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Stan Tekiela Shares His Love for Moose

Naturalist and wildlife photographer Stan Tiekela shares with us his love for moose. Moose are magical—it’s just as simple as that! Their massive size and gentle nature endear them to those of us who seek them out and others who stop to admire them during a chance sighting. I have been studying and photographing moose for three decades and am constantly in awe of this amazing animal. With each encounter, I’m reminded that even though they are huge, they move with the grace and silence of a light breeze. It seems that everyone loves moose, and watching one during a vacation is often the highlight of the trip! Along with many people across the United States and Canada, I personally have great respect and admiration for this symbol of grandeur. When you see one, you just can’t help but stop to admire it. The largest and most magnificent member of the deer family, moose are closely related to caribou, deer,...

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The Pleiades and Hyades in the Winter Night Sky

Jonathan Poppele, author of Night Sky: A Field Guide to the Constellations, tells us how to locate the Pleiades and Hyades in the winter night sky. Winter is setting in here in the Northern Hemisphere. Early sunsets give us many hours of darkness before bedtime, making this a great season to get out and look at the stars. The early winter sky is home to the brightest star clusters in the heavens, and the cool, crisp air seems to make these gems shine even more brilliantly. So bundle up, pack a thermos of hot cocoa, maybe grab a lawn chair and a pair of binoculars, and head out to see some of the most beautiful sights in the night sky. To get the most out of your time out under the stars, find a good place to observe them. The ideal spot will have good views of the southern and eastern horizons—and...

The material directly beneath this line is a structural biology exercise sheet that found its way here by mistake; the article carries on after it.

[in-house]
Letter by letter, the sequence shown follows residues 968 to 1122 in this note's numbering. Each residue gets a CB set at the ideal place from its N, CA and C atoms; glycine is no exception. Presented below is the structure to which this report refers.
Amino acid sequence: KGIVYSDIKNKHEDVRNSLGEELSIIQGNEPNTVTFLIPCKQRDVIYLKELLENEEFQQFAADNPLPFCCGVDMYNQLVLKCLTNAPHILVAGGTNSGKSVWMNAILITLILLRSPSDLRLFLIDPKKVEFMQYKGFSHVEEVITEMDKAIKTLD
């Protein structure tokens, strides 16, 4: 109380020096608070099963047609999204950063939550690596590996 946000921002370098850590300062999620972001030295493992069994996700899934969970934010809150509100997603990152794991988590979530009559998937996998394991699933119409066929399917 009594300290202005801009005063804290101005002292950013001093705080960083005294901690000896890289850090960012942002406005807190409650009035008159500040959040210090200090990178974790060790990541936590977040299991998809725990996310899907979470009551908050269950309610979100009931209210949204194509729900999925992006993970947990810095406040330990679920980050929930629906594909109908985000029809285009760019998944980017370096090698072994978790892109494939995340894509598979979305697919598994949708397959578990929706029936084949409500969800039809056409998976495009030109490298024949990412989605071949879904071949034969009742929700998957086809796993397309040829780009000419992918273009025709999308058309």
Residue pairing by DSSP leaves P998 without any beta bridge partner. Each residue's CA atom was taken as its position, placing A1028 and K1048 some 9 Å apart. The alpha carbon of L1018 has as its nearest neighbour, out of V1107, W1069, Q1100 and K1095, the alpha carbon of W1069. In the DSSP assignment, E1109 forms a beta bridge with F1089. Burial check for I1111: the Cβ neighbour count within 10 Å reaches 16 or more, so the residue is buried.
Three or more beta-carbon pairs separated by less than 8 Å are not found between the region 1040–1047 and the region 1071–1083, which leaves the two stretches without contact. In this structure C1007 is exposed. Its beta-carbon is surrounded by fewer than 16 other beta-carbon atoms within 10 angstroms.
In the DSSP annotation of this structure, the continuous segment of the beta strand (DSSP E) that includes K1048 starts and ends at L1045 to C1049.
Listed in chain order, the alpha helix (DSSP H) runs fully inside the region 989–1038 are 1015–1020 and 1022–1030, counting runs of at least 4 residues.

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About Deer, Wildlife, and Piebaldism

In today’s post, naturalist and wildlife photographer Stan Tekiela tells us about a young white-tailed deer with piebaldism. Every now and then nature comes up with a rare or unusual condition. I ran across one of these recently when I had a chance to spend some time photographing a young white-tailed deer with a condition called piebald. Piebaldism is a rare genetic abnormality that can express itself in a wide variety of deformities. The most common of these deformities is a white coat or, more specifically, patches of white on what would normally be a brown deer. A severe case of piebaldism can also involve a shortening and bowing of the legs. In addition, the hooves are often deformed and the spine can be severely arched. Many of the most severe cases don’t survive very long after birth. Individuals who have a moderate condition can live several years. Those with just the...

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Loons, Heroes of Myths and Folklore

Loons have fascinated people for thousands of years. The striking black-and-white breeding plumage and deep red eyes of the Common Loon befit its elegance and grace. Loons are physically amazing, with large, powerful feet that propel the bird underwater at speeds fast enough to overtake fish. They have wings capable of carrying them thousands of miles to wintering grounds and back again with the changes of the seasons. Several native cultures tell stories of how the loon was created. According to one, the loon and the crow were once men. They were good friends and did everything together. One day they decided to go fishing. One of the men caught lots of fish. The other man caught none. The man who had no fish became so upset that he hit his friend, cut out his tongue and threw him overboard. The Great Spirit felt sorry for the beaten man and turned him into a beautiful loon, while his friend was turned into a crow. A story...